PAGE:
The folks with PluggedInOnline.org had advance copies of the finalized version of the game, and some of the team played all 40 levels (at over an hour per level, you should have a sense as to how long they interacted with it). They also had a chance to spend a couple of hours with some of the people who produced the game.

I'd encourage you to take a look at their review, a review from Christians who have wrestled with this game since they first got wind of it a long time ago:

http://www.pluggedinonline.com/thisweekonly/a0002989.cfm

I don't care, frankly; I don't play many video games, and am not drawn to this one. I think we should be cautious, though, to take CNN's review at face value.

Shane Vander Hart

I first read about this in the Chicago Tribune, and then blogged on it. The link for the blog post is: http://shanevanderhart.blogspot.com/2006/12/christian-video-games.html

I think this is a horrible trend.

Holly

My local newspaper has already published several letters to the editor using this as grounds for further condemnation of "the Christian right". Did no one foresee the way this game would be received?

SJR

This post is provided by Troy Lyndon, the CEO of Left Behind Games.

FOCUS ON THE FAMILY endorses our game. Read below to find out why!

Our game DOES NOT encourage killing.

Our game is NOT anti-semitic.

Our game is NOT anti-muslim or anti-islamic.

It is anti-EVIL! The ultimate bad-guy is the Antichrist who wants to eliminate all faiths and all religions, except his and he is deceiving the entire world.

Our game does NOT teach the pre-tribulation theology of the book series, except that this worldview is utilized as a FICTIONAL backdrop of the game.

In the past several days, numerous people have been and continue to spread misinformation about the game.

Our game is the first game ever to encourage the use of PRAYER and WORSHIP as the most effective means to resolve conflict.

Physical warfare is discouraged as the LEAST EFFECTIVE means for resolving conflict…and a gamer loses points for using a gun.

This is the world’s first high-quality inspirational game which intends to model positive behavior by discouraging physical warfare.

Please play the game for yourself and help us to get out the TRUTH.

In an industry which creates so much gratuitous violence and gore, LEFT BEHIND: Eternal Forces presents a healthy alternative. We need your help to get the word out!

PLAY THE GAME and find out for yourself that this game is about the battle of good versus evil.

Here are a few things said by others:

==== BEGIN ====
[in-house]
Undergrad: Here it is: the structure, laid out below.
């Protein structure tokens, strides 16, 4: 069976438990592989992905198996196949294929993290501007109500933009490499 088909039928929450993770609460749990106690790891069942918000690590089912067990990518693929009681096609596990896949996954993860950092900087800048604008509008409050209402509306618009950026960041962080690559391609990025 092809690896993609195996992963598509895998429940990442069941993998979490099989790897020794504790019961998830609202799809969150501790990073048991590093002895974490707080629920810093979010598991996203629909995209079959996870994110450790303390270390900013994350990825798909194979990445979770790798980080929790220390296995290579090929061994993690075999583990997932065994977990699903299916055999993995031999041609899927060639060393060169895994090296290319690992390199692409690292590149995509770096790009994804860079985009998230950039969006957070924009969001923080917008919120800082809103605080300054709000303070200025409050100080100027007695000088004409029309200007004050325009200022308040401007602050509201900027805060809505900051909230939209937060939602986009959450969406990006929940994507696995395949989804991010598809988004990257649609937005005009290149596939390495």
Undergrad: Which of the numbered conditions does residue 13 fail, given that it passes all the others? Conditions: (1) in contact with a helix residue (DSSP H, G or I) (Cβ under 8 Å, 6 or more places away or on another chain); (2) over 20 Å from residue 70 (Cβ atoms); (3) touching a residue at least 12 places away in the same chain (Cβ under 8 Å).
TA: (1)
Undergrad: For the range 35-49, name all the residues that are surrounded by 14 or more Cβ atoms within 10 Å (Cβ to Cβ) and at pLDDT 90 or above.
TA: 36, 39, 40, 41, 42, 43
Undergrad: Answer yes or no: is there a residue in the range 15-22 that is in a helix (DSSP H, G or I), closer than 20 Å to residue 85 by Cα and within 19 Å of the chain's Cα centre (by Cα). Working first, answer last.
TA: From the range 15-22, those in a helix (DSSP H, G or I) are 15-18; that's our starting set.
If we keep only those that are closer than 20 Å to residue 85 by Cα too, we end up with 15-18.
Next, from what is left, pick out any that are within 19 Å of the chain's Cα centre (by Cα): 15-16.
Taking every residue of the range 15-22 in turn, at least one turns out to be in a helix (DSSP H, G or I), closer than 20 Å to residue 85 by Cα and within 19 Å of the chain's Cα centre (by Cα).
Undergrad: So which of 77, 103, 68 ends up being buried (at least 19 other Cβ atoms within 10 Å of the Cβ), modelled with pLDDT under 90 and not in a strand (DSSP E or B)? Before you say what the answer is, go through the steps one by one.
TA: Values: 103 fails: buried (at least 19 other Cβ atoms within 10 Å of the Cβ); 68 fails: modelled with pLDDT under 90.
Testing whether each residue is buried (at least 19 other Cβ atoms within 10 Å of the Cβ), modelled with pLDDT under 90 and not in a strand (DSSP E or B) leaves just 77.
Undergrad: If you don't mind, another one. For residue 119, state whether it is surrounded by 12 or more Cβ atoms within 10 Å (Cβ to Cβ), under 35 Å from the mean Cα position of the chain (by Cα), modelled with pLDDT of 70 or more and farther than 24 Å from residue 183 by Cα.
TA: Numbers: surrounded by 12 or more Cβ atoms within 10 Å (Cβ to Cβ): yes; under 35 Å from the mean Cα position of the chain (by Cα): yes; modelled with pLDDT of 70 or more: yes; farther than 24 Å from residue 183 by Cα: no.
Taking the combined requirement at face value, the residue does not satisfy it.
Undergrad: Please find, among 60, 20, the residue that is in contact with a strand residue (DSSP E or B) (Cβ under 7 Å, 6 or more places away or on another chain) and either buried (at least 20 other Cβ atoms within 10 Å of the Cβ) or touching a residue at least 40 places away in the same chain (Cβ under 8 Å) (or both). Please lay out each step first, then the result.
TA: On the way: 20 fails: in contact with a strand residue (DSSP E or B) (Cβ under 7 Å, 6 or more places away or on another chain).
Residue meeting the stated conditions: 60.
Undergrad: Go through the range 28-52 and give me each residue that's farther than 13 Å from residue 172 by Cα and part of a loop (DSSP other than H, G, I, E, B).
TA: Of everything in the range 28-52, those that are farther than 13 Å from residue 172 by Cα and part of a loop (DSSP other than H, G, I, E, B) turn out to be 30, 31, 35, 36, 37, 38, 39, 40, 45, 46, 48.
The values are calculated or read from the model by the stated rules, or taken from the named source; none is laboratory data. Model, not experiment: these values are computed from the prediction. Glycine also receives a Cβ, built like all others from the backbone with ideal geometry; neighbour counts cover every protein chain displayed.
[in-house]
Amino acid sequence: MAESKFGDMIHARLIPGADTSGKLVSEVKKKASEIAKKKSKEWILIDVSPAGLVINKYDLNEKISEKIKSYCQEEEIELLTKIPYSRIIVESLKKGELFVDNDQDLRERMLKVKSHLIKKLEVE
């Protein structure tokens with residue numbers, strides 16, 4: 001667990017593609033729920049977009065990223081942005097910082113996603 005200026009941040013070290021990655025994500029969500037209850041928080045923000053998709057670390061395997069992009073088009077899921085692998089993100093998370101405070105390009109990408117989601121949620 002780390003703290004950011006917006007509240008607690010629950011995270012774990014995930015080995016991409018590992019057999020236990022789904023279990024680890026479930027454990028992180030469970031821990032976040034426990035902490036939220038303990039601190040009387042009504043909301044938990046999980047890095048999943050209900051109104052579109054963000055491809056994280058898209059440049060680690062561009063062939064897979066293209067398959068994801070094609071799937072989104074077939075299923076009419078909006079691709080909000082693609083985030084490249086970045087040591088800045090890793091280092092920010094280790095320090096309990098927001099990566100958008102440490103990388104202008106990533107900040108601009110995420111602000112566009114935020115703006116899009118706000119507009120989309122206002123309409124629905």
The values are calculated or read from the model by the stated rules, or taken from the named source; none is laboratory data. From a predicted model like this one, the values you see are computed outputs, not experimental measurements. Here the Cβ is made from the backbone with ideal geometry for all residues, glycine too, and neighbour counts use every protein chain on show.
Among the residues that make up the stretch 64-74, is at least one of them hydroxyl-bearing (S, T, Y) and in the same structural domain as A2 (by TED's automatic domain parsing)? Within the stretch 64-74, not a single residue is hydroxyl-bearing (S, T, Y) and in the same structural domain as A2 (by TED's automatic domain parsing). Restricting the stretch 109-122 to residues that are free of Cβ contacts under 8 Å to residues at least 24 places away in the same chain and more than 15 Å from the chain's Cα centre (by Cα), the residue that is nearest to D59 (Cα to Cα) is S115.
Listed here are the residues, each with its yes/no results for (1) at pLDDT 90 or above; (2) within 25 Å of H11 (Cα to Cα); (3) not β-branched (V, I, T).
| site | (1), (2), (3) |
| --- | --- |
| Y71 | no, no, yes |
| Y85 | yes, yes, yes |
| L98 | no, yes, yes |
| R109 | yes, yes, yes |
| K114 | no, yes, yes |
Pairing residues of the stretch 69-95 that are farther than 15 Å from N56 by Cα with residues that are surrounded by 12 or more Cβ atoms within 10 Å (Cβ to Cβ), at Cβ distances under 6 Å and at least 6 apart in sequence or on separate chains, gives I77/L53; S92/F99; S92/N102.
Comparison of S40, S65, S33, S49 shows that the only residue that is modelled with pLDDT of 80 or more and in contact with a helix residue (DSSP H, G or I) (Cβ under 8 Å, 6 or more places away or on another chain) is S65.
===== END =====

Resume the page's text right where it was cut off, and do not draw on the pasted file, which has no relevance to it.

- The Anti-Defamation League, although they speak out against the book theology, says “Conversion to Christianity in the game is not depicted as forcible in nature, and violence is not rewarded in the game.”

- AOL says it is a “Positive Moral Message”

- Focus on the Family says “Finally! A game Mom and Dad can play with Junior”

- Concerned Women for America says “A game we can wholeheartedly recommend!”

- Wired Magazine “Few are as ambitious and polished as this PC title.”

- ArsTechnica.com “This is a game that Christian parents can buy their kids, and one that Christian kids can play themselves without any guilt about "questionable content."”

- Women of Faith says “In an industry that is full of destruction with no hope, the LEFT BEHIND game

- Clint Thomas from Chaos Theory says “For years we’ve been telling kids what to run from and not what to run to, until now!”

Should you have any concerns about this game, please go to the contact us page on our website at www.leftbehindgames.com and we’ll do our best to connect with you.

Sincerely,

- Troy

John

I think this game is a horrible idea. For a lot of the reasons already listed above, but for another, deeper reason as well. Let's take a step back: Can one even have a "Christian" video game? For Christian parents (and parents in general too), I don't think the question should be between a video game that purports to be "Christian" and one that doesn't. The question they should be asking is, "Why is my child wasting hours every day in front of a computer game in the first place?" These sorts of so-called Christian alternatives to popular culture really don't present an alternative at all, just another way of being in the culture.